I’ve been using git for a few years for doing Mozilla work, which has caused me to have to go through a painful workflow every single time that I push code to inbound. Now, glandium has written this awesome tool that finally enables me to use git push to push an actual set of git commits to the hg servers, directly, without running Mercurial. My existing workflow for pushing involves exporting textual diffs from git, and importing the file into Mercurial, and deal with the conflicts myself, etc. I often get it wrong and end up pushing half-patches that don’t compile. Even when that doesn’t happen, I find the interaction with Mercurial quite draining. Mercurial is so much slower in very common every day operations and sitting there and waiting for it makes me restless. If any of these resonates with you, glandium has written a blog post which can help you get started. Please go and read it.
You need to do the initial clone through git-remote-hg. If you already have a clone of gecko-dev, you can safely fetch hg:: remotes inside there. For example, you can fetch
hg::ssh://hg.mozilla.org/integration/mozilla-inbound for rebasing and pushing to inbound through there. To make things easier, you can gradually move your work based on branches from git-remote-hg and slowly migrate away from the gecko-dev based branches.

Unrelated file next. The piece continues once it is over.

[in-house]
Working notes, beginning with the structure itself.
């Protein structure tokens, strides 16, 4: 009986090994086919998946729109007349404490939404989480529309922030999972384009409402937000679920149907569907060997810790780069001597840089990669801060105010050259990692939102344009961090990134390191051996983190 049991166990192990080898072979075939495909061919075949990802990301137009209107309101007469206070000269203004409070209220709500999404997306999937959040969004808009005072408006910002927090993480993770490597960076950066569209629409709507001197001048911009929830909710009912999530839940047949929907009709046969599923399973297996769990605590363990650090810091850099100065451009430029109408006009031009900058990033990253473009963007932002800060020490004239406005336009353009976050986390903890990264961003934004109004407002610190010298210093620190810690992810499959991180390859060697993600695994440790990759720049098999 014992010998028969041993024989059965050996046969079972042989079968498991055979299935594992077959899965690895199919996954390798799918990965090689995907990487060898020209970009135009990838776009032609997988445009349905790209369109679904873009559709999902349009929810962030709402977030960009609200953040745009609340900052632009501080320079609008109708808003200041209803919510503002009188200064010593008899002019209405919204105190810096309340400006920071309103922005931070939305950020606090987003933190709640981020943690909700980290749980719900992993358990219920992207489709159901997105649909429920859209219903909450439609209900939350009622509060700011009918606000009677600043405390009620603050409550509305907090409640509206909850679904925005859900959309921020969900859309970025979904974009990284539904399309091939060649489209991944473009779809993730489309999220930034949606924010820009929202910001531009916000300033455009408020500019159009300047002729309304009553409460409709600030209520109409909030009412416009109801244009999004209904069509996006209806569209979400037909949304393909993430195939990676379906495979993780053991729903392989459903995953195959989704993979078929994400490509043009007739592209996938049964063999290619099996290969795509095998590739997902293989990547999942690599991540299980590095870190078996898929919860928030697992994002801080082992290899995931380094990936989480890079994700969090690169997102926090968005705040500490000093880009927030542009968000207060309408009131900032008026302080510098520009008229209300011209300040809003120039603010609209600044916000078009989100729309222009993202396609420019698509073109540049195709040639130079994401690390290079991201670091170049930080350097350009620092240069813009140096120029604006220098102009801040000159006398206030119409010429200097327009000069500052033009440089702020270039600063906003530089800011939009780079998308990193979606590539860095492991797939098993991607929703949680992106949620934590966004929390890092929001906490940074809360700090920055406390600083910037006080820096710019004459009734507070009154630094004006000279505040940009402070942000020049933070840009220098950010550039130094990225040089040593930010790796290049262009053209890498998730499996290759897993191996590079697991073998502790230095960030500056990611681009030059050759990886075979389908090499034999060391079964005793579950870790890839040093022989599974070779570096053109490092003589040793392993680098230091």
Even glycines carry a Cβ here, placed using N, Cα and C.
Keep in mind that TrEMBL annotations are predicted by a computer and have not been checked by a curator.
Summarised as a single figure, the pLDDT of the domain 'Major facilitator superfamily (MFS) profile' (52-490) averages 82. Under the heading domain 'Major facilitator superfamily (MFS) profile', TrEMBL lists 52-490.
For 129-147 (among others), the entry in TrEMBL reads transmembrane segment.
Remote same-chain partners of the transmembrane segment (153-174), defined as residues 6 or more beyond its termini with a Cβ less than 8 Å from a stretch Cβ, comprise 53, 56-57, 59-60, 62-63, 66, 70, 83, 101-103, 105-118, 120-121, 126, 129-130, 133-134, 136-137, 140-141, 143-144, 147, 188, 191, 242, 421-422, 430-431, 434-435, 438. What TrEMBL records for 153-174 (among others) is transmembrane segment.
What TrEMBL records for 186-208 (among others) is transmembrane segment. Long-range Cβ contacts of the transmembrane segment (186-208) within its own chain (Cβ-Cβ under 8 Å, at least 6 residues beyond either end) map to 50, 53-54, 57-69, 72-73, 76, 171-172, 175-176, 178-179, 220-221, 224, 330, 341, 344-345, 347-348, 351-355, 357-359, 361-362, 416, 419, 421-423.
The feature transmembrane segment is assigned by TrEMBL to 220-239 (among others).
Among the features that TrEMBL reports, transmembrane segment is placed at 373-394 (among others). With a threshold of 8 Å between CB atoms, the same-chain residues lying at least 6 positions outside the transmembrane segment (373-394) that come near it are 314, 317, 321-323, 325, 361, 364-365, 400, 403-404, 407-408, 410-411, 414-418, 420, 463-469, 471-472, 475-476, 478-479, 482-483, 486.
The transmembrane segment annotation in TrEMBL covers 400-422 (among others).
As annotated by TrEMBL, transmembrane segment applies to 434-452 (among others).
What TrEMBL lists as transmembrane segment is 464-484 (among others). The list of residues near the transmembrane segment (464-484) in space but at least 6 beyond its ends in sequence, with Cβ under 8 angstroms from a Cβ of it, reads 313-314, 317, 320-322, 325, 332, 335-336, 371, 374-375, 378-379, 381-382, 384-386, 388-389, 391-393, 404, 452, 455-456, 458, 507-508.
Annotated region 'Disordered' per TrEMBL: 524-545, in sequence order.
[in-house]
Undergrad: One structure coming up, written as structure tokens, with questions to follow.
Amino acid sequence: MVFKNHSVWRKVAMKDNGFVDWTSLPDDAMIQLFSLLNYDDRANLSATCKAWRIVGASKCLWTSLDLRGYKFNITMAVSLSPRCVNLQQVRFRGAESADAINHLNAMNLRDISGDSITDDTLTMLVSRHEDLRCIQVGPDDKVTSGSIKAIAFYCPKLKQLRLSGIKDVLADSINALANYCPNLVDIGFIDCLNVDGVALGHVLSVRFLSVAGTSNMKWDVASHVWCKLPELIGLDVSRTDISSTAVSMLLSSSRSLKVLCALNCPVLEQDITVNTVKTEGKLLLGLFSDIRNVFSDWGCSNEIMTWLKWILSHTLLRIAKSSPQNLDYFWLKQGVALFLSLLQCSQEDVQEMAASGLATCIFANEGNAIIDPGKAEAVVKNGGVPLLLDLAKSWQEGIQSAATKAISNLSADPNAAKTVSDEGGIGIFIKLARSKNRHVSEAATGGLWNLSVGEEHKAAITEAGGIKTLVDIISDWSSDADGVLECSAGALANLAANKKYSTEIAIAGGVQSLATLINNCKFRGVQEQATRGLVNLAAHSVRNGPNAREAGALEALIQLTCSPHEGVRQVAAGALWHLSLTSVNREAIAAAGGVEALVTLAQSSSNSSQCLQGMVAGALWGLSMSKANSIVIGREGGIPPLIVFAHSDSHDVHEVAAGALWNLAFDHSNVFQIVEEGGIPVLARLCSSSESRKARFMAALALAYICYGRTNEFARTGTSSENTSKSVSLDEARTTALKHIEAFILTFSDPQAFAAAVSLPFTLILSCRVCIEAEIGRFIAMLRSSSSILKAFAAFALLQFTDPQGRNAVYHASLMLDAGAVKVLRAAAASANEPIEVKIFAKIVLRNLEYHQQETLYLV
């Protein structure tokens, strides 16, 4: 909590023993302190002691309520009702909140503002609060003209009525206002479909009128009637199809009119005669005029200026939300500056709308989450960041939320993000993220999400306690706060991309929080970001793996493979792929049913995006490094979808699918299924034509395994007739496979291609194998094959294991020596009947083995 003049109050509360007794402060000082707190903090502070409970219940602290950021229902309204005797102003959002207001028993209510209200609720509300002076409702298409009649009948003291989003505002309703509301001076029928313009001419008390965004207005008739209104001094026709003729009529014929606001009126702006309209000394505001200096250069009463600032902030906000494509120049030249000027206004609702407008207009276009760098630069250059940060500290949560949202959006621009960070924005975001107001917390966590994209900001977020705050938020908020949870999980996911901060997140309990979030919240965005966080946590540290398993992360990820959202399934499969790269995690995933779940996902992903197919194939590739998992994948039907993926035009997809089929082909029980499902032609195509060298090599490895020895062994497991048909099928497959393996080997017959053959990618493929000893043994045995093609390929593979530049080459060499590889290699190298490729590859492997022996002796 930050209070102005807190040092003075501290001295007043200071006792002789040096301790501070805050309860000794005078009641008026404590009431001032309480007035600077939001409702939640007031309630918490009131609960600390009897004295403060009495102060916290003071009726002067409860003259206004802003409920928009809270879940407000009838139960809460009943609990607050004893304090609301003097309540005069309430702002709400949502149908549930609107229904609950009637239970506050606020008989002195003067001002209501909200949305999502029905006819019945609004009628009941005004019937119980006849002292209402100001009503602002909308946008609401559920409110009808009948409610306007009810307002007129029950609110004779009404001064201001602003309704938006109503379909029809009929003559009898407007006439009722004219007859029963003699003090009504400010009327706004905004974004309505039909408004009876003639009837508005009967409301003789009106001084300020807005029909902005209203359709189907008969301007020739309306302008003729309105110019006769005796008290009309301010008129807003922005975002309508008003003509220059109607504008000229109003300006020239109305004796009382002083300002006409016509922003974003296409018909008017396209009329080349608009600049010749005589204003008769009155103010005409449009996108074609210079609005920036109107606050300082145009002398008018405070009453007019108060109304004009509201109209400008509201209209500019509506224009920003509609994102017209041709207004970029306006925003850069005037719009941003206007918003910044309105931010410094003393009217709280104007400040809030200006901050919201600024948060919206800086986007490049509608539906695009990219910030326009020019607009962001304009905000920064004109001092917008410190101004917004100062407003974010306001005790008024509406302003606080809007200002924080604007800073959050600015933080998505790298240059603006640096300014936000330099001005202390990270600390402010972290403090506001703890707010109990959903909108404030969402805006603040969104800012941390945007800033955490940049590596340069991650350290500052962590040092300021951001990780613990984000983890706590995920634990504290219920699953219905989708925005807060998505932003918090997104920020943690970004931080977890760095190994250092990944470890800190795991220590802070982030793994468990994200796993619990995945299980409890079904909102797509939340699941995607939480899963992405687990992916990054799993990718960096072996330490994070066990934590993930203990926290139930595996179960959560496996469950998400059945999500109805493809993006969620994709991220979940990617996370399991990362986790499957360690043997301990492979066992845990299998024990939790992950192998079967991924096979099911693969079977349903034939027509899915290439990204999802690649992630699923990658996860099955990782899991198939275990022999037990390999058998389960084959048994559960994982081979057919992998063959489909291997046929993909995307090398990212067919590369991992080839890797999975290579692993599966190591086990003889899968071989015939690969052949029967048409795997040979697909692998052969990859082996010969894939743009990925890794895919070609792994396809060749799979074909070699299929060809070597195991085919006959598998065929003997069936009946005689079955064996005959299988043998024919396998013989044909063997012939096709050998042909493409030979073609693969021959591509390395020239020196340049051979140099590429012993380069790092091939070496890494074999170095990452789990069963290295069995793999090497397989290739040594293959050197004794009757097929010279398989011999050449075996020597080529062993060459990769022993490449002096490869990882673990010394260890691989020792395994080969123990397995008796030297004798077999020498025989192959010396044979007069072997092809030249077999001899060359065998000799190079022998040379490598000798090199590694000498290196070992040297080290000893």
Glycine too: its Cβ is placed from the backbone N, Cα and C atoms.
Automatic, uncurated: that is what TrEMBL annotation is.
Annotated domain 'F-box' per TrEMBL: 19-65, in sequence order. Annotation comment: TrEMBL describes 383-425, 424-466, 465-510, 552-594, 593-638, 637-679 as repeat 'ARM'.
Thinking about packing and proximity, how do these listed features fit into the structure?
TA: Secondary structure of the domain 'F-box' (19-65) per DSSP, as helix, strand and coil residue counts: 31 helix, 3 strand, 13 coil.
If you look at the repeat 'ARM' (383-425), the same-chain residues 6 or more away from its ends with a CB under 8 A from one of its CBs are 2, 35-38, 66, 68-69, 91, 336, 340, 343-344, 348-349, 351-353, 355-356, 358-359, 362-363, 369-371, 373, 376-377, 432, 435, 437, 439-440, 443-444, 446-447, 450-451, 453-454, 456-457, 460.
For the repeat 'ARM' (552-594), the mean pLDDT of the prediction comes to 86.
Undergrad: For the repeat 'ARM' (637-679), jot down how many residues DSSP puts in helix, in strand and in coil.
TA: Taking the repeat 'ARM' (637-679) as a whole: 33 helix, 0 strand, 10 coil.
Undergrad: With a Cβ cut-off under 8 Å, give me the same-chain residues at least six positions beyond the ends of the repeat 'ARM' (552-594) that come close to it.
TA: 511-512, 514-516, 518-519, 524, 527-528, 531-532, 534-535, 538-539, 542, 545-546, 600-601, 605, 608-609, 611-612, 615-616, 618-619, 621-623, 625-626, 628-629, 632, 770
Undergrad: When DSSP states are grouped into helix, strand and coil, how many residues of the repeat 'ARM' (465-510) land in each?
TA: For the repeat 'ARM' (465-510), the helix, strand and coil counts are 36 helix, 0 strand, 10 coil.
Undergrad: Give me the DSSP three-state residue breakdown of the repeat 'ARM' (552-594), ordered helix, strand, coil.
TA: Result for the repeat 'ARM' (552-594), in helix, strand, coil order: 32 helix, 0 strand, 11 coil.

One interesting side-note: I measured the amount of storage that my local clone’s .git directory takes versus that of an hg mozilla-central clone. Note that my local git repo contains both the entire gecko-dev history (which includes the CVS history) and the repo created by git-remote-hg. Its size is 2GB, versus an 1.8GB .hg directory of just mozilla-central. Given that I have accumulated tons of local hg clones from all of our central and release and project branches, I’m really looking forward to the disk space saving when I finally decide to delete most (all?) of my local hg clones! 🙂